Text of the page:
Why is Macquarie Island under threat?
Macquarie Island under threat Feral cats (as well as other feral animals) contributed to the extinction of two native bird species – the Macquarie Island parakeet and the Macquarie Island rail – before cats were totally eradicated in 2000. Introduced rabbits, rats and mice are a growing threat on the island.
Why were rabbits a problem on Macquarie Island?
Rabbits consumed the large, leafy megaherbs and grasses, which lacked the ability to adapt to grazing. Extensive damage was occurring to the tall tussock grassland, resulting in a loss of breeding habitat for nesting seabirds and the destabilisation of slopes.
How did they eradicate animals from Macquarie Island?
In 2007, the Australian and Tasmanian governments jointly funded a $25 million project to eradicate pests from the 13,000-hectare island. A baiting program was undertaken, before hunters and their dogs were brought in to eradicate any surviving animals.
Why should we save Macquarie Island?
Covering more than 16 million hectares, it was declared to protect the habitat of threatened species such as the royal and southern rockhopper penguins, the subantarctic fur seal, southern elephant seal and five species of albatross.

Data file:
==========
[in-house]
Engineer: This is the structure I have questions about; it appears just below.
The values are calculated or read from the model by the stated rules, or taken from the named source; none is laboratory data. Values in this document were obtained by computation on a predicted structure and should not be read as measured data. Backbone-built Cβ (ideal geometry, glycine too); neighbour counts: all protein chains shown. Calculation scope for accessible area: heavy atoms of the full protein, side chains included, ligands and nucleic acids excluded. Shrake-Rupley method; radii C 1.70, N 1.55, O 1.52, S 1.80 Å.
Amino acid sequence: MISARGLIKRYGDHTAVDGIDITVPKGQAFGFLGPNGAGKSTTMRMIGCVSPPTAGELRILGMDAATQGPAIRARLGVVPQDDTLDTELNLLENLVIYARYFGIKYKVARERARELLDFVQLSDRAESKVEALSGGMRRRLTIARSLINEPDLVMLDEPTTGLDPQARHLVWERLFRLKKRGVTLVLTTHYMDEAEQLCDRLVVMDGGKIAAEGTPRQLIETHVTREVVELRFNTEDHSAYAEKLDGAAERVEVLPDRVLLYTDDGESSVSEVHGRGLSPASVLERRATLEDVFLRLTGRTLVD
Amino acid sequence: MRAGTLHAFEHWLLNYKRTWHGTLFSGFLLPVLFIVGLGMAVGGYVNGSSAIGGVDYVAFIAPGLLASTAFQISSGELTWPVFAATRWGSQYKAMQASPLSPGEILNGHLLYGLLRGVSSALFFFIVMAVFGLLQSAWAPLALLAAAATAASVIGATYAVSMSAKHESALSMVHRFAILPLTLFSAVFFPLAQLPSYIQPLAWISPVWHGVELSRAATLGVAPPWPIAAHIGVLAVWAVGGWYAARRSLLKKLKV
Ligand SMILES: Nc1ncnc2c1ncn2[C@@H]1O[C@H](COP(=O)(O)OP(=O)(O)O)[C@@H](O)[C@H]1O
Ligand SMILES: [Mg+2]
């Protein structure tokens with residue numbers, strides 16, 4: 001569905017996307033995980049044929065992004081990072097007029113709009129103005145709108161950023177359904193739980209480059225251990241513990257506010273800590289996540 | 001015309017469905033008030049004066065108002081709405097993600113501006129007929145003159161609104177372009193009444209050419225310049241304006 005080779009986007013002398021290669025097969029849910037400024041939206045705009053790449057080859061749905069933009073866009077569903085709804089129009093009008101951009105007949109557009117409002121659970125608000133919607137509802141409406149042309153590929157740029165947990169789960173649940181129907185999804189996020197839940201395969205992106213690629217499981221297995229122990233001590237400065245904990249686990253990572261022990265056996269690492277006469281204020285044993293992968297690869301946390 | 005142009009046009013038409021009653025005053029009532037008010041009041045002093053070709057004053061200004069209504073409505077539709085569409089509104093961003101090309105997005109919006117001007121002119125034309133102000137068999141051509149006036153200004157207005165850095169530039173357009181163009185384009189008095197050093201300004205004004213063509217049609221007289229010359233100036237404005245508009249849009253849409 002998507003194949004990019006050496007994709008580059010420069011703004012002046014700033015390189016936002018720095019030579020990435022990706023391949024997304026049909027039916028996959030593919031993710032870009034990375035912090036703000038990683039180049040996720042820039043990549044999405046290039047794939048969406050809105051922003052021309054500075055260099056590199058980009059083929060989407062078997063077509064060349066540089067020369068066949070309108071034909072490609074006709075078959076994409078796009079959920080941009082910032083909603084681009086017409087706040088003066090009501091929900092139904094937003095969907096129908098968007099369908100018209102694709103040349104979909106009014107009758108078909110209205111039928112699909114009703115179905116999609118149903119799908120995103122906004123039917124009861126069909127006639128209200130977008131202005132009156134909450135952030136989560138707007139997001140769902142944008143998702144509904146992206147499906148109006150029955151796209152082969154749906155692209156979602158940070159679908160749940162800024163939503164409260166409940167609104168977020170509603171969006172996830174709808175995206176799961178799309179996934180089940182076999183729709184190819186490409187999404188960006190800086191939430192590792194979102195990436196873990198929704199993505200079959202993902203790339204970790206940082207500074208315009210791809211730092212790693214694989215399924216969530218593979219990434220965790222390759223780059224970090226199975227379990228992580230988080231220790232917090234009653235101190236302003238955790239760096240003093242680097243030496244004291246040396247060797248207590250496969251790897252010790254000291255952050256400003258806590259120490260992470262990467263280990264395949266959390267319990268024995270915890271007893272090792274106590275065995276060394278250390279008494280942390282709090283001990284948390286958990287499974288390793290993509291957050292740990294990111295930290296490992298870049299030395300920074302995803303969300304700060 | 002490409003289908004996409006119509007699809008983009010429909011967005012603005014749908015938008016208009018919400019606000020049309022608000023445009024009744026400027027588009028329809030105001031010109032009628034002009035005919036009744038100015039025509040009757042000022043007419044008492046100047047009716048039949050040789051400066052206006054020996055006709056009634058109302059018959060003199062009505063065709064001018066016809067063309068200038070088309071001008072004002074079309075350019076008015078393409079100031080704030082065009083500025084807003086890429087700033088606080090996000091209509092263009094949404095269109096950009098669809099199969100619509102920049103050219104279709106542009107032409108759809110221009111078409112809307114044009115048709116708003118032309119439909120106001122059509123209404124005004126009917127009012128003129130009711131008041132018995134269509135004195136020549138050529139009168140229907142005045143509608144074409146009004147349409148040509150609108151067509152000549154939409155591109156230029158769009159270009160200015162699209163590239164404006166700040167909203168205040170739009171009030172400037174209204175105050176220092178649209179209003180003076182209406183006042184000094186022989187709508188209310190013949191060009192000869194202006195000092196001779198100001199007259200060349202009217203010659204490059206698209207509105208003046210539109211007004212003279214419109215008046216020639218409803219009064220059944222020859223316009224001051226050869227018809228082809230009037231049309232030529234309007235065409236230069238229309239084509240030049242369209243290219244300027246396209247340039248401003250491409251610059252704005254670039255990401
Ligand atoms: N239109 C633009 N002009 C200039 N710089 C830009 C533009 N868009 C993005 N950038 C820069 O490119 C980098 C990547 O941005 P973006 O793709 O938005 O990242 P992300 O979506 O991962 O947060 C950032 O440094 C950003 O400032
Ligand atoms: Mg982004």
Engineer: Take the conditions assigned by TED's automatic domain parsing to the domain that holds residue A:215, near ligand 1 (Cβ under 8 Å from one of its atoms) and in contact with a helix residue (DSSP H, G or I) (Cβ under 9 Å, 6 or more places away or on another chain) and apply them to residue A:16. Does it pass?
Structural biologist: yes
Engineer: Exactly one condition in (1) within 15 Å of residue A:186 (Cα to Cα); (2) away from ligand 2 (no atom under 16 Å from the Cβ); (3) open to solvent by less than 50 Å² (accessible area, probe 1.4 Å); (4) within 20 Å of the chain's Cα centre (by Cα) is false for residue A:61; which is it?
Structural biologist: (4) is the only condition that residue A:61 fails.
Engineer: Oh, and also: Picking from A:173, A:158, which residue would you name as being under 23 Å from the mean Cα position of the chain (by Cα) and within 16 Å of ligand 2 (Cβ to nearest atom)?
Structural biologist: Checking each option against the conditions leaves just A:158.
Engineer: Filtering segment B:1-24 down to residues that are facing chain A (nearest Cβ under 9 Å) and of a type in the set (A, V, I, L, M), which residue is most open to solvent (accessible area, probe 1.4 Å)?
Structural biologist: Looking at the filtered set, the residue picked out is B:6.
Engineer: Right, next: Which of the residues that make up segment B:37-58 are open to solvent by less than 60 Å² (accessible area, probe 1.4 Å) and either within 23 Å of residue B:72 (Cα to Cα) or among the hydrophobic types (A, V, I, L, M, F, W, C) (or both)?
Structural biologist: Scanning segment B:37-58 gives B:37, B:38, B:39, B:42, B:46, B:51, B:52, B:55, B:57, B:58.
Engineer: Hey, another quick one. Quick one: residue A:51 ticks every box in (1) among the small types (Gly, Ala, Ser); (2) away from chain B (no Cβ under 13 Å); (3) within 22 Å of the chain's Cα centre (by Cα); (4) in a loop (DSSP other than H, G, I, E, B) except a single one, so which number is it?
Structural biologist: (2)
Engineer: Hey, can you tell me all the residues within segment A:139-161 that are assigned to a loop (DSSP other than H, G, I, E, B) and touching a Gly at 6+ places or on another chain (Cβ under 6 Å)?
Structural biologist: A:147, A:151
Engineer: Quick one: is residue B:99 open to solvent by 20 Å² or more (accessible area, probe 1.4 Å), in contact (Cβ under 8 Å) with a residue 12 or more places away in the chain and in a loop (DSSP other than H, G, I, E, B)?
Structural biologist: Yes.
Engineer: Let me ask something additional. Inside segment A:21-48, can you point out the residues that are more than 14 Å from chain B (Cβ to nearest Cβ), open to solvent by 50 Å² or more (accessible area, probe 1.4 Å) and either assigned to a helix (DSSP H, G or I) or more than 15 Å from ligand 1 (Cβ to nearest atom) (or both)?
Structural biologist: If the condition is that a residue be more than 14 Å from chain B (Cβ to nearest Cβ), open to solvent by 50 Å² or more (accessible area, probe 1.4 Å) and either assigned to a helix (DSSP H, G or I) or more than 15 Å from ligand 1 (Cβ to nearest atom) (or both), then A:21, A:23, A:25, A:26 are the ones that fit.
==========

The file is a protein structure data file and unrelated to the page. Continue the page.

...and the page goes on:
What is the vegetation like in Macquarie Island?
All of the vegetation of Macquarie Island is herbaceous, with no woody species present. Megaherbs are a distinctive and unique feature of the sub-Antarctic, occurring nowhere else in Tasmania. There are two megaherbs on Macquarie Island – Stilbocarpa polaris (Macquarie Island cabbage) and Pleurophyllum hookeri.
What are the plants on Macquarie Island?
There is not a tree or shrub, but long stretches of yellow tussock are varied with patches of the bright green Stilbocarpa polaris, the Macquarie Island cabbage, a plant resembling very fine rhubarb in growth, and of Pleurophyllum, a handsome Composite, with long, sage-green leaves and purple flowers.
What is the size of Macquarie Island?